The Useless: the filming of the film that became a headache for Federico Fellini, but ended up consecrating him as director
It was his second film as a solo director – and his third work with a “first feature” in collaboration – but it was, without a doubt, his first great success. return again and again to Federico Fellini it is to smile at the memory of a unique creator. It is also entering a universe of which everything has been said and also nothing reaches. With an imaginary new birthday of the great Italian creator (January 20, 1920, Rimini), the opportunity to see the remastered copy of the useless (1953) is also the possibility of recognizing a film of transition between the look at the working class of neorealism to which the director had provided fruitful work as a screenwriter, as well as finding the first and indubitable signs of a cinema that, hand in hand with the dream, would create an entire conception and style own.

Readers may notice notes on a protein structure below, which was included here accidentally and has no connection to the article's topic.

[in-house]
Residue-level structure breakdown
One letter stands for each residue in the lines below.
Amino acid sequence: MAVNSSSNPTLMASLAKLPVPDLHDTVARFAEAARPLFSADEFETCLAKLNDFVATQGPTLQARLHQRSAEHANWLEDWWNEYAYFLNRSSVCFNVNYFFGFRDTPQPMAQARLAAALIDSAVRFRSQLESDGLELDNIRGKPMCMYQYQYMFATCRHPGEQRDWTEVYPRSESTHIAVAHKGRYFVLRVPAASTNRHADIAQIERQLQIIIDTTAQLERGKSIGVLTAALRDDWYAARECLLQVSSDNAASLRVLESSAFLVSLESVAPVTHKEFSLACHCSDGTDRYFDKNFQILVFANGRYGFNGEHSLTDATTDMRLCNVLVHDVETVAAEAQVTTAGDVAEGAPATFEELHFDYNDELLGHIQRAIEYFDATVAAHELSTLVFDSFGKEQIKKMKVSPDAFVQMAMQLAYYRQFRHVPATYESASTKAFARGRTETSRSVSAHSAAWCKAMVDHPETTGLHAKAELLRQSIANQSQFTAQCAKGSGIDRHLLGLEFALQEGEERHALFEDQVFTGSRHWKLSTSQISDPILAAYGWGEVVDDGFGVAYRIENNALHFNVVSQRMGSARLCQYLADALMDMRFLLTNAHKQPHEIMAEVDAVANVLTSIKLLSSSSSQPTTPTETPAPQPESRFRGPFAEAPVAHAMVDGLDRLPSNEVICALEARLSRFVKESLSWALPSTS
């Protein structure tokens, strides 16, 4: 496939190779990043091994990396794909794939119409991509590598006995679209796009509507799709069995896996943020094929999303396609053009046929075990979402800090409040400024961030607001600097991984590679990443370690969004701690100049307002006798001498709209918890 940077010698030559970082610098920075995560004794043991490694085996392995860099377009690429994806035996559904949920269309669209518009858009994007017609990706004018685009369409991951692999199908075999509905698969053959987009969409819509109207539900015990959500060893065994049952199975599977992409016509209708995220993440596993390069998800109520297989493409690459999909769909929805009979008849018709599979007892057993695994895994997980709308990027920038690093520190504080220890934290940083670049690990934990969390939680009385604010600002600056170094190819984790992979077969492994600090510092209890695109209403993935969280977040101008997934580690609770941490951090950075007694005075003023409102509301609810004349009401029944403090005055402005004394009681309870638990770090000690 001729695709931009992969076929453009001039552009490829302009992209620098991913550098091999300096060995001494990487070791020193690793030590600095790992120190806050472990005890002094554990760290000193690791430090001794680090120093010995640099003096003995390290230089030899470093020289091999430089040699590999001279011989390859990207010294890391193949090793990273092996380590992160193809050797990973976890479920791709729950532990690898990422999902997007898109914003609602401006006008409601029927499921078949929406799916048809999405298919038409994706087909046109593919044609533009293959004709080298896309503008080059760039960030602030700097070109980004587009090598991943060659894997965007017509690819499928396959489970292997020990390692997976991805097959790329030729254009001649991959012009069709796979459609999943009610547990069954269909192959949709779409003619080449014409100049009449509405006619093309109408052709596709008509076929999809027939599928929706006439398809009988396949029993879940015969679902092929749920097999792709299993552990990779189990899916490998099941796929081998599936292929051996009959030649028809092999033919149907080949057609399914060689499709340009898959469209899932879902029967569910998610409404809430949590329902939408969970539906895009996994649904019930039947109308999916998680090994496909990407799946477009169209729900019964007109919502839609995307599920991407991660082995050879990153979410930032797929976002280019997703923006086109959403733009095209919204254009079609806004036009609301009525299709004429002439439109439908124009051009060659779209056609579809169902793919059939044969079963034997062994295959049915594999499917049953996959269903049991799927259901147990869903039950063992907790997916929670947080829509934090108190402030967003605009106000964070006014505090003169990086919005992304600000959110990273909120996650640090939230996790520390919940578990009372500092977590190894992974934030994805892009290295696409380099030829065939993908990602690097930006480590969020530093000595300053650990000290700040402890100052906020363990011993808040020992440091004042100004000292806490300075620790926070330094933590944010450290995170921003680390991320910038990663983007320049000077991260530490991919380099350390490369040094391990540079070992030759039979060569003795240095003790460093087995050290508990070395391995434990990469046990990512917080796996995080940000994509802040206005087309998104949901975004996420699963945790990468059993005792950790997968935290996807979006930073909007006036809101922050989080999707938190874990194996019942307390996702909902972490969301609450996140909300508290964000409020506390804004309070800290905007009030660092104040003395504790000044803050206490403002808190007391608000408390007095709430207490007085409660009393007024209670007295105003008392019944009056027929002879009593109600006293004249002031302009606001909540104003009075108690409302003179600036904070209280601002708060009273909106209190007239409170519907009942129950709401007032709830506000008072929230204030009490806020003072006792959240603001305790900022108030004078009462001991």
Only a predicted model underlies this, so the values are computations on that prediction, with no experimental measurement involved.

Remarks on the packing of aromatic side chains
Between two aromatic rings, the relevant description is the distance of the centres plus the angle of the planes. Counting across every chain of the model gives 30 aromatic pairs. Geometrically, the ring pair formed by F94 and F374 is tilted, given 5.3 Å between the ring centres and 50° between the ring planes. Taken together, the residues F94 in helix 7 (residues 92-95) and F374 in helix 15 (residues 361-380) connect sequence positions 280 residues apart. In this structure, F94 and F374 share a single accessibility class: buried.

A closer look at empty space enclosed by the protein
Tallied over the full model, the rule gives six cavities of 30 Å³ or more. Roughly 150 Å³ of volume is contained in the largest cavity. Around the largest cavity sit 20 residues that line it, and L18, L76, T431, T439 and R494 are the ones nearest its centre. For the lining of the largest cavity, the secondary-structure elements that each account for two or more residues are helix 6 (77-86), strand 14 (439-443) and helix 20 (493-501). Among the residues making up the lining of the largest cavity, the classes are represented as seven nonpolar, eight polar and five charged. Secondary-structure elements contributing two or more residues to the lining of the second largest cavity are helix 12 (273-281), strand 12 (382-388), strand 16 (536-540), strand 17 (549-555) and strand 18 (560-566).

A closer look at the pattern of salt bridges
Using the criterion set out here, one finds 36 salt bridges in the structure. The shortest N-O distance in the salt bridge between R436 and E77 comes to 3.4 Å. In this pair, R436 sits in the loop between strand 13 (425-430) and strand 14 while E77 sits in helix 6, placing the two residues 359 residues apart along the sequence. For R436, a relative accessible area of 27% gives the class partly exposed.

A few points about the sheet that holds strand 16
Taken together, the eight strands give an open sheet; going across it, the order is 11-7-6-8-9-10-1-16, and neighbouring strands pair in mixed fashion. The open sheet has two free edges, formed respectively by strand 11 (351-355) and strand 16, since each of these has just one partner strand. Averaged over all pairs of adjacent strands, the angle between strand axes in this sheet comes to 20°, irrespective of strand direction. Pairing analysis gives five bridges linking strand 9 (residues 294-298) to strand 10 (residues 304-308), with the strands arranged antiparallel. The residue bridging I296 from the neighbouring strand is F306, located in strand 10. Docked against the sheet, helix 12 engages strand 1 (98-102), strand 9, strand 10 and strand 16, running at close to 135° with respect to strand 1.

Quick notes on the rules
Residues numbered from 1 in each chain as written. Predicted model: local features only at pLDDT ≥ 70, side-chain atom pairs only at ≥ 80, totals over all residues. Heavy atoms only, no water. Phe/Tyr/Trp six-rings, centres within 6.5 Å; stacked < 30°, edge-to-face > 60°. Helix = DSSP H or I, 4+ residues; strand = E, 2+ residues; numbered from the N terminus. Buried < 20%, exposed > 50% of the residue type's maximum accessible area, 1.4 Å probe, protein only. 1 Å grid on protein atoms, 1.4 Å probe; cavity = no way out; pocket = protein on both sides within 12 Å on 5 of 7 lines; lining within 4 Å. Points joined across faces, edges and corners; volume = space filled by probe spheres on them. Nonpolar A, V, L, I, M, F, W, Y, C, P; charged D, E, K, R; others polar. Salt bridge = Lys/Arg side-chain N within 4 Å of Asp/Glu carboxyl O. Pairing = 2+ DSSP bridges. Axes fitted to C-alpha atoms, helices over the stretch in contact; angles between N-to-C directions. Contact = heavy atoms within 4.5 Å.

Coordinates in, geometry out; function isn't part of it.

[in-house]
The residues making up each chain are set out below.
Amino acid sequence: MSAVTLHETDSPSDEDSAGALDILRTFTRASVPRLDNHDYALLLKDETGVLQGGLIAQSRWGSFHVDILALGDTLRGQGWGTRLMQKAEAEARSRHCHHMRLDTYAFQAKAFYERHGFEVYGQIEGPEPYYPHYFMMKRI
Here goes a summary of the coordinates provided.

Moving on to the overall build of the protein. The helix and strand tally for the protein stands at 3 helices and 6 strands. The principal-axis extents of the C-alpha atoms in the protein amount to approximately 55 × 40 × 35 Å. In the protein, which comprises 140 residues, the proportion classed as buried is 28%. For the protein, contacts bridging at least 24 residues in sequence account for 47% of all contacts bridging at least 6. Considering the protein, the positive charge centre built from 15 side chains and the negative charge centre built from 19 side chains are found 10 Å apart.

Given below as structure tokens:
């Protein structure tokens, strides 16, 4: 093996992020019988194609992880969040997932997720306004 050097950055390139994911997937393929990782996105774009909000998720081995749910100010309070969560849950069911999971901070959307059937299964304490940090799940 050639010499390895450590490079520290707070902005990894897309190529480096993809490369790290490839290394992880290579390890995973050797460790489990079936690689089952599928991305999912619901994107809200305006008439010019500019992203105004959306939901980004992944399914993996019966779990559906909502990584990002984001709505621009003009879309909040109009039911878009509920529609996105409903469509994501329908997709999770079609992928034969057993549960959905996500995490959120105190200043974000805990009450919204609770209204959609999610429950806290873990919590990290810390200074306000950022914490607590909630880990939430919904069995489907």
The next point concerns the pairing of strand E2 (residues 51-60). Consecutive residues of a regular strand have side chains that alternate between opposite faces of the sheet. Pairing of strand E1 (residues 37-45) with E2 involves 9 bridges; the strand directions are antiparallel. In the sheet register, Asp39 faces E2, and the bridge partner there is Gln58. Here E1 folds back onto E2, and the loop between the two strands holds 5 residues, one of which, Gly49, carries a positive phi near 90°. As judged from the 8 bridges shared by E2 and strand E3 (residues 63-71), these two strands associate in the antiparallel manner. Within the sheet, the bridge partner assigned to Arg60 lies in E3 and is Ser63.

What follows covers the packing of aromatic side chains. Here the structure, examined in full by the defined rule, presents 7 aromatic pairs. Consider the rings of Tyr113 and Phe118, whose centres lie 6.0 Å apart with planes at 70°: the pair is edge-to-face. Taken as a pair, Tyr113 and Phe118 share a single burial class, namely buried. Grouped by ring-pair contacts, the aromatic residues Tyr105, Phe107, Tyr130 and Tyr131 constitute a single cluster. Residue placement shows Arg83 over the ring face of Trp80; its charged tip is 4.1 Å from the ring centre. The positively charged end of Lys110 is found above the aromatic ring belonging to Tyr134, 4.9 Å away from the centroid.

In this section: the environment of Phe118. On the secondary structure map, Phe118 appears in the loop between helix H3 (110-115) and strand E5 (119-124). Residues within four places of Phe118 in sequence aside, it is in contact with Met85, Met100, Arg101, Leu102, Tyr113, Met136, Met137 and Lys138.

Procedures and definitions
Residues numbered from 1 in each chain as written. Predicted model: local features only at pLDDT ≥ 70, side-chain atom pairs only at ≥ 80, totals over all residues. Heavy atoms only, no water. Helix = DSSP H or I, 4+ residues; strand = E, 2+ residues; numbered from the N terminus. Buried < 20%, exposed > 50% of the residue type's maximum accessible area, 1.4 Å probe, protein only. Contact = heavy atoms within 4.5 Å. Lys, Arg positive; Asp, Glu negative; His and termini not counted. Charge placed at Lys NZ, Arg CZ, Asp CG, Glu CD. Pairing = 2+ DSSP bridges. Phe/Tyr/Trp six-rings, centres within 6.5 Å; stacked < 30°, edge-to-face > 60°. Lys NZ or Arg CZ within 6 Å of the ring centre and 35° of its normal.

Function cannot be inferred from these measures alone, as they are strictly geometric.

The Vitelloni -“the big calves”, which in provincial jargon defines those unemployed children with no horizon or aspirations but whose past allowed them to flee poverty without ever embracing a tiny hint of prosperity-, was a film that had many problems to shoot , many others to be released and that, to make matters worse, in the legacy of time it would be immediately eclipsed a year later by The Road. Unusually, the script for that movie was done and finished before Fellini even thought about it. the useless, but Luigi Rovere rejected it outright and so did Lorenzo Pegoraro, to whom he had sent the libretto, although he requested that he write another story closer to a comedy. Thus, Fellini with Tullio Pinelli and Ennio Flaiano –screenwriters of The Road– quickly developed a plot that mixed personal memories and invented stories about these young people aimlessly in a provincial town.